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What happens when austerity cuts means a lowering in the provision of services to some of the most vulnerable in society? Well something curious and uplifting as I discovered when I was kindly invited to give out certificates to this year’s crop of graduates from the Hampshire School of Social Entrepreneurs. On a wet (it was raining stair rods!) early evening last week more than a hundred turned up at the United Church in Jewry Street, Winchester. This splendid building has been doubling up as a useful community space for many years and is an exemplar of what many churches, struggling with the upkeep of their building, should be considering. Here were a range of people all of whom had spent a year developing businesses for which they all had a great passion.

It is all too easy to dismiss social enterprise as some vague, wishy-washy movement populated by well minded but essentially wholly headed do gooders. Nothing could be further from the truth. Whilst one of two of the graduates on first encounter might to the unthinking observer be cast into the “knit your own yogurt” bracket, on greater analysis you could see that there was real work being done here and in the main it was with businesses that were sustainable. In other words they could stand on their own feet and grow.

So how does it work? Quite simply you have an idea you think will answer a need in society and then you get the help required to make it happen. That help comes through organisation. The School for Social Entrepreneurs is run under the aegis of Action Hampshire and they employ people to manage the graduates. Then there is money-grants of £4000 sponsored by Lloyds Bank, and, possibly the most important, volunteer mentors and external lecturers who come in to speak on specialist subjects. This combination breathes life into the businesses by giving knowledge and confidence to the entrepreneurs.

The businesses are often driven by personal experience. A young women who has a sibling and a child with autism now promotes a business dedicated to ending the loneliness of the autistic world. A lawyer, appalled at the on-the-ground effects of the cuts in legal aid sets up an alternative service to help those wrestling with the judicial system. A women who herself benefited from the healing powers of contact with horses sets up Healing Hoofs, with a staff of eight horses (and a few human volunteers) to help in rehabilitating those recovering from physical and mental crisis. A singer who is now using the power of song as therapy to lift those with long term chronic conditions. And so it goes on. You would have been hard pressed to find a single business that did not have a demonstrable benefit and at a relatively low cost. The SSE graduates all made powerful presentations about what their year had meant to them. For many it had involved significant personal growth.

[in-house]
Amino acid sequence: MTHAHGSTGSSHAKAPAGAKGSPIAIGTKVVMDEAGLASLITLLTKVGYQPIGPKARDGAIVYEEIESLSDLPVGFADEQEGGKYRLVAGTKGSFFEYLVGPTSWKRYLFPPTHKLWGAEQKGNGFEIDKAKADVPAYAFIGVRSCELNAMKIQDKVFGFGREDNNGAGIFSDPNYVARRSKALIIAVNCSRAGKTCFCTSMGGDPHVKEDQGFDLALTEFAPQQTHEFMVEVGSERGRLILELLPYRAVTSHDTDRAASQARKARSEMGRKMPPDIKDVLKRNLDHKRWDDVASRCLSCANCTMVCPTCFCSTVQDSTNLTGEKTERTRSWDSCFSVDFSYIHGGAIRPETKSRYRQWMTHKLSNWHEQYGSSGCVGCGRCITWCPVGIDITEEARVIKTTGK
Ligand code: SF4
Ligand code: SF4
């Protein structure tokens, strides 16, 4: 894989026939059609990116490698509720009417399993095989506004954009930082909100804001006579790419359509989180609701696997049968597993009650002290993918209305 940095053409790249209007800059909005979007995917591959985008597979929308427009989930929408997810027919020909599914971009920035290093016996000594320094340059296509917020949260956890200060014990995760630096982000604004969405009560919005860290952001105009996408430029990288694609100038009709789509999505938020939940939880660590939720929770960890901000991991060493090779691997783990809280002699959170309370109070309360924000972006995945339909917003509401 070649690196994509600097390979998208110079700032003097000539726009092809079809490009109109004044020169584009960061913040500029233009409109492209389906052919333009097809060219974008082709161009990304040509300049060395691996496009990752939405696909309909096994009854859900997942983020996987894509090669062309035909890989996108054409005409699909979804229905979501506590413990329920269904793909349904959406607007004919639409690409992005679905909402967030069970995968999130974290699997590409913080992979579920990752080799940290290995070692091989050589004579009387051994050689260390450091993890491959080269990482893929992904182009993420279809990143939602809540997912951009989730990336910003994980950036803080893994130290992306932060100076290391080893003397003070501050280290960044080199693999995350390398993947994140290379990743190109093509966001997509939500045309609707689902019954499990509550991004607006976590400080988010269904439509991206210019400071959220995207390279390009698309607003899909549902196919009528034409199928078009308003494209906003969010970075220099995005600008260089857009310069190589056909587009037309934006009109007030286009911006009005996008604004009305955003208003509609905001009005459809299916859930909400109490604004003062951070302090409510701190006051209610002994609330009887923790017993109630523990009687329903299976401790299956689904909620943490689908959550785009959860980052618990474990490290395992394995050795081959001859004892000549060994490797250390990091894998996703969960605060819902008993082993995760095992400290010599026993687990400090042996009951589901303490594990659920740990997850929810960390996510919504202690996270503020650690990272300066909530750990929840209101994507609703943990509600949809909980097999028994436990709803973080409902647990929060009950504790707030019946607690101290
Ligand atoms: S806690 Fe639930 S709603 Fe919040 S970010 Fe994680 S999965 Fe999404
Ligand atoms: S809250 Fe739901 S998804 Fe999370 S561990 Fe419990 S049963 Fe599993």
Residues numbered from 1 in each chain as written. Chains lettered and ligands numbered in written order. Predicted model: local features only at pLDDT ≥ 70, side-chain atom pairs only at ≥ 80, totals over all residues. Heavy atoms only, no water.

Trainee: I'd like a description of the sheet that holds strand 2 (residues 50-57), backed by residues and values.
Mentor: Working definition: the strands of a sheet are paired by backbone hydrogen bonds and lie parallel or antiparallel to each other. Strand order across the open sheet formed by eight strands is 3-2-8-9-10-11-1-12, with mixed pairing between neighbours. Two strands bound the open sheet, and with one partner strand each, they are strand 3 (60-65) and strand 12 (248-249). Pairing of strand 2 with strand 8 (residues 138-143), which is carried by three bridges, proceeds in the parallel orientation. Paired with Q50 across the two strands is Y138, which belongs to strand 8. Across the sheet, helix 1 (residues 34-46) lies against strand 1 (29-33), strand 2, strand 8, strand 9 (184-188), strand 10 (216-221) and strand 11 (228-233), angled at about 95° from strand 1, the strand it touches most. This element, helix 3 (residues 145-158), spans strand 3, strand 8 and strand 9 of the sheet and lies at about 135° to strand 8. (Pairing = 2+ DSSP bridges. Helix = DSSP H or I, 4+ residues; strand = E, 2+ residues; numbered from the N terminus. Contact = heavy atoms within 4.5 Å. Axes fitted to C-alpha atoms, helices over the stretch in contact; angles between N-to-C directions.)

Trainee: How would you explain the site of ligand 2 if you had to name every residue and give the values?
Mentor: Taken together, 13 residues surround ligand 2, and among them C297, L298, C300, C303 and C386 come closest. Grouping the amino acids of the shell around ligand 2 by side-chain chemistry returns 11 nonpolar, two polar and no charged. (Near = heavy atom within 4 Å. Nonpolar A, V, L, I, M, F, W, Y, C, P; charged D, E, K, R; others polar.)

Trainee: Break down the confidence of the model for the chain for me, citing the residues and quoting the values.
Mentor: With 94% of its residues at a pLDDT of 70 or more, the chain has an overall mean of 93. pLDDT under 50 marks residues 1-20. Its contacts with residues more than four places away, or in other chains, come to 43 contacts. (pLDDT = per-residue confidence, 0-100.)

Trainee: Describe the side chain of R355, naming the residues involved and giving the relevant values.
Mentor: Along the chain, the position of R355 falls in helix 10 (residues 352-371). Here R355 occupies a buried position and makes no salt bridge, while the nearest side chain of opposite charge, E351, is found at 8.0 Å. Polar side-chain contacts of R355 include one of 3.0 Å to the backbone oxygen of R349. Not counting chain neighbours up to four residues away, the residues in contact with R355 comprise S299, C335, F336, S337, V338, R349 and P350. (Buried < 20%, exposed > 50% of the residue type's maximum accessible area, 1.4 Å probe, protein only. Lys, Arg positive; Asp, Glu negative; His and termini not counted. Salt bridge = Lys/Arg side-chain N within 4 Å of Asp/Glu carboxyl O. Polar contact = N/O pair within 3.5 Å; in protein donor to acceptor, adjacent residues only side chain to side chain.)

Rising above the individual triumphs there seems to be a greater point too. Some of these graduates might have been regarded a year ago as themselves victims. Now there is no sign of victimhood. They are filling a gap left by government cuts. Are they as good as taxpayer funded “professionals”? Probably too soon to tell. Should we rely on this model to replace all the gaps left by cuts? Probably not. But while the country appears to be polarising itself into nasty cutters on one hand and “sympathetic”, soak the rich, tax hikers on the other, surely this model is worth greater examination. The Hampshire School of Social Entrepreneurs is one of only nine in the county. Arguably ours is a county of lesser need. But we do have our disadvantaged which feels even worse than when you are surrounded by affluence. Encouraging self-sufficiency should be applauded. The alternative is dependency.